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Part II: Six Reasons Why Your Data Sucks

January 20, 2014 | Justin Gray | No Comments |

For those of you who missed Part I of the series, read it here.

There once was a company out yonder
who knew nothing of “the auto-responder.”
Leads entered junk,
Qualified lead numbers shrunk,
“Why don’t they get it?” I ponder.

Reason #4 – You’re delivering your content on the ‘thank you’ page instead of via auto-responder. A lot of people don’t see the value in this one right away, so let’s talk about it. Grab a donut while I wax poetic about auto-responders.

You know that your content online is valuable, so you gate it behind a form. Go ahead and pat yourself on the back, because you’re halfway there to being a good online marketer. (Don’t get donut goo on your shirt). So, Joe Schmoe fills out your form because he’s interested in your infographic on the career advancement opportunities for donut eating Jedi masters of scarf knitting.

But, Joe Schmoe is a bit of curmudgeon and fills out some junk data on your form gating the content. He presses submit and bada-boom-bada-bing, you hand over the content without so much as a glance at whether it was a fair trade for you – he got great content, what did you get? Junk data. That’s what you got. Walter White would be maaaaaad!

What you really should be doing to prevent this ludicrous, unjust exchange of information is telling Joe Schmoe, “please fill out this form and you’ll receive an email with a link to the content”. So now Joe knows that he needs to provide you with a valid email address or he won’t get the content. You sneaky marketer, you. And, on top of that, you can now see if Joe clicks the content link in that email to engage with your infographic. And you can score that click.

Mind. Blown.

And don’t worry, if Joe sees that he needs to actually give you something of value in exchange for something of value and opts not to fill out the form, you haven’t actually lost out on anything. Someone who is really interested in you and your content will be willing to provide quality data. Oh, and a side note: make sure your auto responders are marked as “operational” emails. That way, if someone who has unsubscribed from your marketing emails requests some of your content, you’re not withholding it from them!

There once was a marketer, Dwight,
Who let all his fields overwrite.
The marketing cost
Of the data he lost
Gave not-so-bright-Dwight quite a fright.

Reason #5 – You’re not blocking fields from being overwritten. This.Is.Huge. Seriously, this is one of the most important things you need to be doing in your Marketo. There are some fields that we need to retain the first (original) value of, and if you don’t take measures to block it from being updated or overwritten on a regular basis, you may as well spend your marketing dollars on investing in time travel.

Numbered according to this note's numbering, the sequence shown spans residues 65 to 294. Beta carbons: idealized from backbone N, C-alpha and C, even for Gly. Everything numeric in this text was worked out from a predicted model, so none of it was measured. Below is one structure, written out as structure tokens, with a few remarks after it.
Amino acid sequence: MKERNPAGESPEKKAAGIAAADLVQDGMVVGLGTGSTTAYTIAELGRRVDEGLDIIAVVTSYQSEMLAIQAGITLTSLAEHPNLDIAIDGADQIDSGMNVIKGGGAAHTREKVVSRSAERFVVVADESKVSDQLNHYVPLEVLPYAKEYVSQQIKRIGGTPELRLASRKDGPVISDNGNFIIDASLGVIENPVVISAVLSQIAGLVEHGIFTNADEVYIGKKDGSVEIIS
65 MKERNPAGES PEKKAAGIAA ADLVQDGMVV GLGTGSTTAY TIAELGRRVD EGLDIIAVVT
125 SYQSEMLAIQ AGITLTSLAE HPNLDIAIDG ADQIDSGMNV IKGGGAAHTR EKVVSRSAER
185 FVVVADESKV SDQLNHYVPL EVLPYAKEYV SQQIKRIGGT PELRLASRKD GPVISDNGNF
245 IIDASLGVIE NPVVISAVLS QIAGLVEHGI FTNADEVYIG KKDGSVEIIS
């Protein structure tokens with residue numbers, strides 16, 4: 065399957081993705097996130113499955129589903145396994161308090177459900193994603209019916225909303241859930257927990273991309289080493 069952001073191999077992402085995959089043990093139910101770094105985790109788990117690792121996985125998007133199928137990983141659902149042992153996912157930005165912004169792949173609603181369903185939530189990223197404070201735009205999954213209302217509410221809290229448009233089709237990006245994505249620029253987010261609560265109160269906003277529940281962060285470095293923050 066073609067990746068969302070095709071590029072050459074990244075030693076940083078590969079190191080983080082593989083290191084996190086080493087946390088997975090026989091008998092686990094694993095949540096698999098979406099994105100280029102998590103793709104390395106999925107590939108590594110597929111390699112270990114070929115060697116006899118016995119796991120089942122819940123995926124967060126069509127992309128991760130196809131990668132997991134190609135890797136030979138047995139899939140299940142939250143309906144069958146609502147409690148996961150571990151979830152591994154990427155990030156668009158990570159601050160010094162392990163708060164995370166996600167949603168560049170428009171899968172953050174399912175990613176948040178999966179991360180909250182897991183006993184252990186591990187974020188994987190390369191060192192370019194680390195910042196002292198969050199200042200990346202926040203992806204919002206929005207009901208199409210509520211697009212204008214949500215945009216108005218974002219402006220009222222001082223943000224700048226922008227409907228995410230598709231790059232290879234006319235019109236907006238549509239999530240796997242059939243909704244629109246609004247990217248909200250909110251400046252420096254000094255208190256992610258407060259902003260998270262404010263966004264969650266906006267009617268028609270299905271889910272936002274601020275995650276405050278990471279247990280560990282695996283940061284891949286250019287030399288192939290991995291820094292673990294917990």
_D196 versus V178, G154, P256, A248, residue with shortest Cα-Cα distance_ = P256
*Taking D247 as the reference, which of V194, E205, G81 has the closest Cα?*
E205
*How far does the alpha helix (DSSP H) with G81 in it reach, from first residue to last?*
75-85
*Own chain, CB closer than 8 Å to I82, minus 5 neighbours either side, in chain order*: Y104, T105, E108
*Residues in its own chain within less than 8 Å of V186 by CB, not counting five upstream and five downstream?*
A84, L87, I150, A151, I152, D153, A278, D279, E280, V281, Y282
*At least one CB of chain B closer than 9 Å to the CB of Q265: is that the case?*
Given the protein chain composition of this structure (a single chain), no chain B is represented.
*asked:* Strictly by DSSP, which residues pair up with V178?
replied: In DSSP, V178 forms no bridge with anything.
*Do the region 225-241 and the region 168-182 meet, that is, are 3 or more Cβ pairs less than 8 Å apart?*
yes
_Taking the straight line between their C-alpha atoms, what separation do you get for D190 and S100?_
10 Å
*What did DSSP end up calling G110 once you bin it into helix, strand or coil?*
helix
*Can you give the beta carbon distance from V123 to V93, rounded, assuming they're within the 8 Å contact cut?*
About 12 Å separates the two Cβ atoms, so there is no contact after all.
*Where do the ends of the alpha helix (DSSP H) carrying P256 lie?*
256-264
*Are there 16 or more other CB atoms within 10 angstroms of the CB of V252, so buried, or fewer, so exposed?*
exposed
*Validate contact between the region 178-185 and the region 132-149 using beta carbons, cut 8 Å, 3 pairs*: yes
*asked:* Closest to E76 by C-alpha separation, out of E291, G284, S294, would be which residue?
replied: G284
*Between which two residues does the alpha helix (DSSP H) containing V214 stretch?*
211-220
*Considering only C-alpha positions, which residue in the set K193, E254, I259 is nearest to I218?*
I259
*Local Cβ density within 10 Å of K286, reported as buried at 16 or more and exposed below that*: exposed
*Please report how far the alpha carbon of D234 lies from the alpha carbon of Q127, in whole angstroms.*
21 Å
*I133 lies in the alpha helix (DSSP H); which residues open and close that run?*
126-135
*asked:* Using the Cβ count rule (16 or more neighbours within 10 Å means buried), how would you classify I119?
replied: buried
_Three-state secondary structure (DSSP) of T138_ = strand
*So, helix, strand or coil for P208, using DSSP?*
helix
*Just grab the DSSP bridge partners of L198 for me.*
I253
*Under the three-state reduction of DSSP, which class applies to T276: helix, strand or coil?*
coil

Grab another donut while I preach about the importance of field blocking. Let’s say that you generate a new lead, Ripple Van Winklevoss, in your database as a result of a tradeshow. Well done. You import him (on a sparkling, clean, scrubbed list, of course – and into Marketo, not your CRM, of course) with a lead source of tradeshow.

Now let’s say Mr. VW registers for a webinar. And of course, you’re managing webinar registration through Marketo with a Marketo form on a Marketo landing page with a hidden field for lead source that sets the source to webinar for anyone who fills it out. Whew what a sentence. So, now Mr. VW’s lead source is webinar. So when you’re under the wire to report on leads generated by source, you report that you got one lead from webinars and zero from tradeshow. So you start investing in more webinars and fewer tradeshows, your lead gen numbers falter, and you better start looking for a new job – all because you didn’t block the lead source from being overwritten if there was already a value in it. Tsk tsk.

Poor Al McTool was a pack rat.
It impacted his life, but beyond that –
He couldn’t let go
Of cold leads long ago,
And now all his email metrics fall flat.

Reason #6 – You’re not purging old records. I think there’s a bit of rat-packness in most marketers, and I will admit that I’m one of them. I’m protective of my data, and think, “but but…what if oneeeee day they DO come back to life and turn into a customer?” Sorry to tell you, but it’s not going to happen. You need to take a deep breath, say a few little parting words, and purge your cold, inactive leads. You will have about a 20 percent churn in your database every year, so your goal should be to replace those leads that you get rid of with fresh, new leads. And to eat fewer donuts. That should be a goal, too.

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